Thursday, May 02, 1996

Stuttering and "loud" cultures

Winston Purdy commented on the possible effect of "vocal aggressivenes" in some cultures on stuttering. In particular he said about Italians: " I have met several Italians who stutter and they are all very shy and appear broken as people."


There are three issues here:

1. Do different cultures affect how many people will end up stuttering?

2. Can Italian culture be fairly portrayed the way you have (including
Italian stutterers as "broken" people)

3. Assuming the "loudness" aspect is true in general (and not socioeconomic -
note also that having lots of vocals has nothing to do with loudness). Would
this automatically affect stuttering severity and/or rate in the population?


Here are my answers:

1. I have only heard evidence to the contrary (can someone help?)

2. I will admit that my mother tended to be loud (she came from the town where
Pavarotti was born...). Other people in my family, and my father's side were not. I am an Italian stutterer. I doubt anybody who has even known me would ever have viewed me as "broken". I certainly haven't!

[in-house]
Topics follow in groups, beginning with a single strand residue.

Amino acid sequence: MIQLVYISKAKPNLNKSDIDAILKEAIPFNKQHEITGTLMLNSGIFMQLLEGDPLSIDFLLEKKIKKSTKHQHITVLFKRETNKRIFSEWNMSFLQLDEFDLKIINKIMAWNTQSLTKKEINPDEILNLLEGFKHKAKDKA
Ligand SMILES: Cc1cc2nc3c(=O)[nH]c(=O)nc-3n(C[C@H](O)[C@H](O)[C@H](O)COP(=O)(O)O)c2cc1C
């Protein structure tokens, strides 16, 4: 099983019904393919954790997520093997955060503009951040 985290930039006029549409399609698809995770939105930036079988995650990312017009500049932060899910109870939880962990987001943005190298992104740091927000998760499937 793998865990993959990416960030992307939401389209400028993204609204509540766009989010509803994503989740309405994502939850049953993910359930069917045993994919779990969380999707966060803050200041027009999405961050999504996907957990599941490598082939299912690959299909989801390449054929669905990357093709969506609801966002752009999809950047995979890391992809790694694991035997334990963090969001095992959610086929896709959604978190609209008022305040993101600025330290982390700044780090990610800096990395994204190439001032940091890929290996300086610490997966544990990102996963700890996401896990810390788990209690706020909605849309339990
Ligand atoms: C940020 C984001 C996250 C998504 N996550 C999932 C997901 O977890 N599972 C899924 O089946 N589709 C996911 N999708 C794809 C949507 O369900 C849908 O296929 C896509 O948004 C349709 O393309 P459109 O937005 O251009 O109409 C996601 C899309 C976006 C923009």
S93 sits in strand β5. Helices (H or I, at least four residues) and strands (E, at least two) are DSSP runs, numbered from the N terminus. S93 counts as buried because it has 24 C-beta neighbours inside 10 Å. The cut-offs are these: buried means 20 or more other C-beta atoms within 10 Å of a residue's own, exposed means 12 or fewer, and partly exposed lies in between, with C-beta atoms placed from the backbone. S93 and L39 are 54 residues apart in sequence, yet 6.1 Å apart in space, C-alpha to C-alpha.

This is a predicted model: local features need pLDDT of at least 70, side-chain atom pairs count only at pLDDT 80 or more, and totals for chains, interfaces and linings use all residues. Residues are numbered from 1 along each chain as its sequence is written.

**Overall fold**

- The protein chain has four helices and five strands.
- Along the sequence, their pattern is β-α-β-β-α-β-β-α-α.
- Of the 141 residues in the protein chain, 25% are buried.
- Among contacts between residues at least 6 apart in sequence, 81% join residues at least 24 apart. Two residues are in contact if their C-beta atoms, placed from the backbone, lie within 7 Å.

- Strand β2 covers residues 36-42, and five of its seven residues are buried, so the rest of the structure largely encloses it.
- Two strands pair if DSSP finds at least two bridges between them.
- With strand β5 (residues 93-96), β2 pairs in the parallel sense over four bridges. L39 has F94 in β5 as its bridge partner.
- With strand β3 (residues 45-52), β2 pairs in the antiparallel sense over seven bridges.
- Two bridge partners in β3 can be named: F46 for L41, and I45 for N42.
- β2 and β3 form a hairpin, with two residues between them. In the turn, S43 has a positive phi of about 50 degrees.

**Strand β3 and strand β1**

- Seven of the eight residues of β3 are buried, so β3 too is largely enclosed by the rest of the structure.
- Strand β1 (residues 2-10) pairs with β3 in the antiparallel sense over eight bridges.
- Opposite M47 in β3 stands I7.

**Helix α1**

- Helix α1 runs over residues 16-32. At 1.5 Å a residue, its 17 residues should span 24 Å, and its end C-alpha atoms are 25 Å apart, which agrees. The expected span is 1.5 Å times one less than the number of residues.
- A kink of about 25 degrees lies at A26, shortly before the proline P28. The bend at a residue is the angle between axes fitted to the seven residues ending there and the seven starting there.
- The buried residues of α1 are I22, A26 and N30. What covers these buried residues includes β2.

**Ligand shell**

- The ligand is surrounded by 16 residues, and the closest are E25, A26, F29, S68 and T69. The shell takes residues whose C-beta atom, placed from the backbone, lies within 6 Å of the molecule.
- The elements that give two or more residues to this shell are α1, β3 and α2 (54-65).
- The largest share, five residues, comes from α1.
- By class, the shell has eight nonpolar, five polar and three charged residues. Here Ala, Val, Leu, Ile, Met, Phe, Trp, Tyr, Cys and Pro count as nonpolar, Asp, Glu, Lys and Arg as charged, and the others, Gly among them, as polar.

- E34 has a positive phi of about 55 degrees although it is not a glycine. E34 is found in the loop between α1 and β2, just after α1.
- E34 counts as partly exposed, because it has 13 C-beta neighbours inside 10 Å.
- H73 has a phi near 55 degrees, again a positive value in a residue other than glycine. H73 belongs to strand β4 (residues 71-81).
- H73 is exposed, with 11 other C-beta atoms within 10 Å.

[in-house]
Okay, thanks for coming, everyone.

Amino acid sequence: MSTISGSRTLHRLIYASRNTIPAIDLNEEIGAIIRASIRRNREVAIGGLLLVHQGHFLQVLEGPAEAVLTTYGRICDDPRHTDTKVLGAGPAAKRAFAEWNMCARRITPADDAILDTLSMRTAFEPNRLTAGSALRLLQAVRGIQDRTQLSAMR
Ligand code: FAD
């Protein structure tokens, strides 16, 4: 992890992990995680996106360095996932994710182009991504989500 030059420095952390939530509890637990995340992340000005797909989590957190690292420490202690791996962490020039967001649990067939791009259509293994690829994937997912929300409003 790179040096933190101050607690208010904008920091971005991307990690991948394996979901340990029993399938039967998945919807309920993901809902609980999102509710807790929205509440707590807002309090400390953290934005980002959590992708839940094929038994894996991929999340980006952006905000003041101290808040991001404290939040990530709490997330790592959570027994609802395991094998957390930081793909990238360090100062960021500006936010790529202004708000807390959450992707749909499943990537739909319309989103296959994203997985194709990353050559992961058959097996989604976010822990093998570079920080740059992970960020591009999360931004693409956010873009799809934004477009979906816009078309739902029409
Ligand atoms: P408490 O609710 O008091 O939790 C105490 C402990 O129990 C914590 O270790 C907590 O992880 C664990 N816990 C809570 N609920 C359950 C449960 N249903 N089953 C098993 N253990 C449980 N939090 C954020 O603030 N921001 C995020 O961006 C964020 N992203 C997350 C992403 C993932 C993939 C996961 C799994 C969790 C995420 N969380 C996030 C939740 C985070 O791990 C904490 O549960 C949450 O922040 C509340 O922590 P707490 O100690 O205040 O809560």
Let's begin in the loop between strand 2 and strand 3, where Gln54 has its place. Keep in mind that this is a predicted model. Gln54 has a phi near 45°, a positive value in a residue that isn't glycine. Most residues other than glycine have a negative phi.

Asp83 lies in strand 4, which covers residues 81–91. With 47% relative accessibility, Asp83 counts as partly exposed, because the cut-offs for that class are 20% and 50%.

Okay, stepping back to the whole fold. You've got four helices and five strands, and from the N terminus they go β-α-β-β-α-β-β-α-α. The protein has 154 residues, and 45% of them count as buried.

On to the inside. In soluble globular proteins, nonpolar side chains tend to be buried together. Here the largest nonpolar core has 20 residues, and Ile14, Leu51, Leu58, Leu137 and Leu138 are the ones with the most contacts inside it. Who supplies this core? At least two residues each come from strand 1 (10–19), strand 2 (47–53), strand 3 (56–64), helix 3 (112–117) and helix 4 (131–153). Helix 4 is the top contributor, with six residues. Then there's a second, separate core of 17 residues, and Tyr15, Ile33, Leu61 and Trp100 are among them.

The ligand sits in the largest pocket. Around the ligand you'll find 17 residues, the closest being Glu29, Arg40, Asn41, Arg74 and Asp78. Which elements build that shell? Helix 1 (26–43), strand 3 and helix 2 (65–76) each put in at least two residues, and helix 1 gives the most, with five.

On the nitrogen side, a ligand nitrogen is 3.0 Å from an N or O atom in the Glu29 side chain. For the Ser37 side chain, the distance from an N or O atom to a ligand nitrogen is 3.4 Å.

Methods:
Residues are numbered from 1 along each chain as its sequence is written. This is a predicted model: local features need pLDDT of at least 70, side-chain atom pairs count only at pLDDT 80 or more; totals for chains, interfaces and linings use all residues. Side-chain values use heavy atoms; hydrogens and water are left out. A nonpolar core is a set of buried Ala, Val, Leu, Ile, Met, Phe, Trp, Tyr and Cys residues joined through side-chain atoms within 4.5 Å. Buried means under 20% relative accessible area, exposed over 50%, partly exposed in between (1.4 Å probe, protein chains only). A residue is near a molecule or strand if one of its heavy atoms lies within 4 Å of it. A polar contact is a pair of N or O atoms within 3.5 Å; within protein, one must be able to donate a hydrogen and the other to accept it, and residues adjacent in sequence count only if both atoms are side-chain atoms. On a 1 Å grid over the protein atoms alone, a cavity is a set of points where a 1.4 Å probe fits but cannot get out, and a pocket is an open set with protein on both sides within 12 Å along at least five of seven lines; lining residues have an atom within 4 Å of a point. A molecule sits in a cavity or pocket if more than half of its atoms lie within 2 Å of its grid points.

Many aspects of Italian culture would in fact be very supportive. Strong familiy bonds and pride, display of emotion, hugging and physical affection. My mother (unfortunately) treated my stuttering like a bad habit I could get rid off, and that didn't help. On the other hand she never showed anything but pride in me. If anybody had made fun of me she would have given them a bloody nose right on the spot.

My father ignored my stuttering, loved me to pieces, and was my best friend.

Overall I feel my upbringing had bad points and good points... just about like everybody else, Italian or not.

3. I doubt very much that loudness would have any effect on stuttering. People adjust to whatever the accepted level is, and go on from there. We develop fear of words, sounds etc.. Having to say them loud or not added nothing to that fear in my experience.


Overall the notion of the effect of cultures on stuttering is interesting to explore, but one should, as always, be very careful with sweeping and superficial generalizations. There MAY be interesting information here... but one can also hurt sensitivities needlessly.

Ciao to all.

"Unbrokenly" yours,

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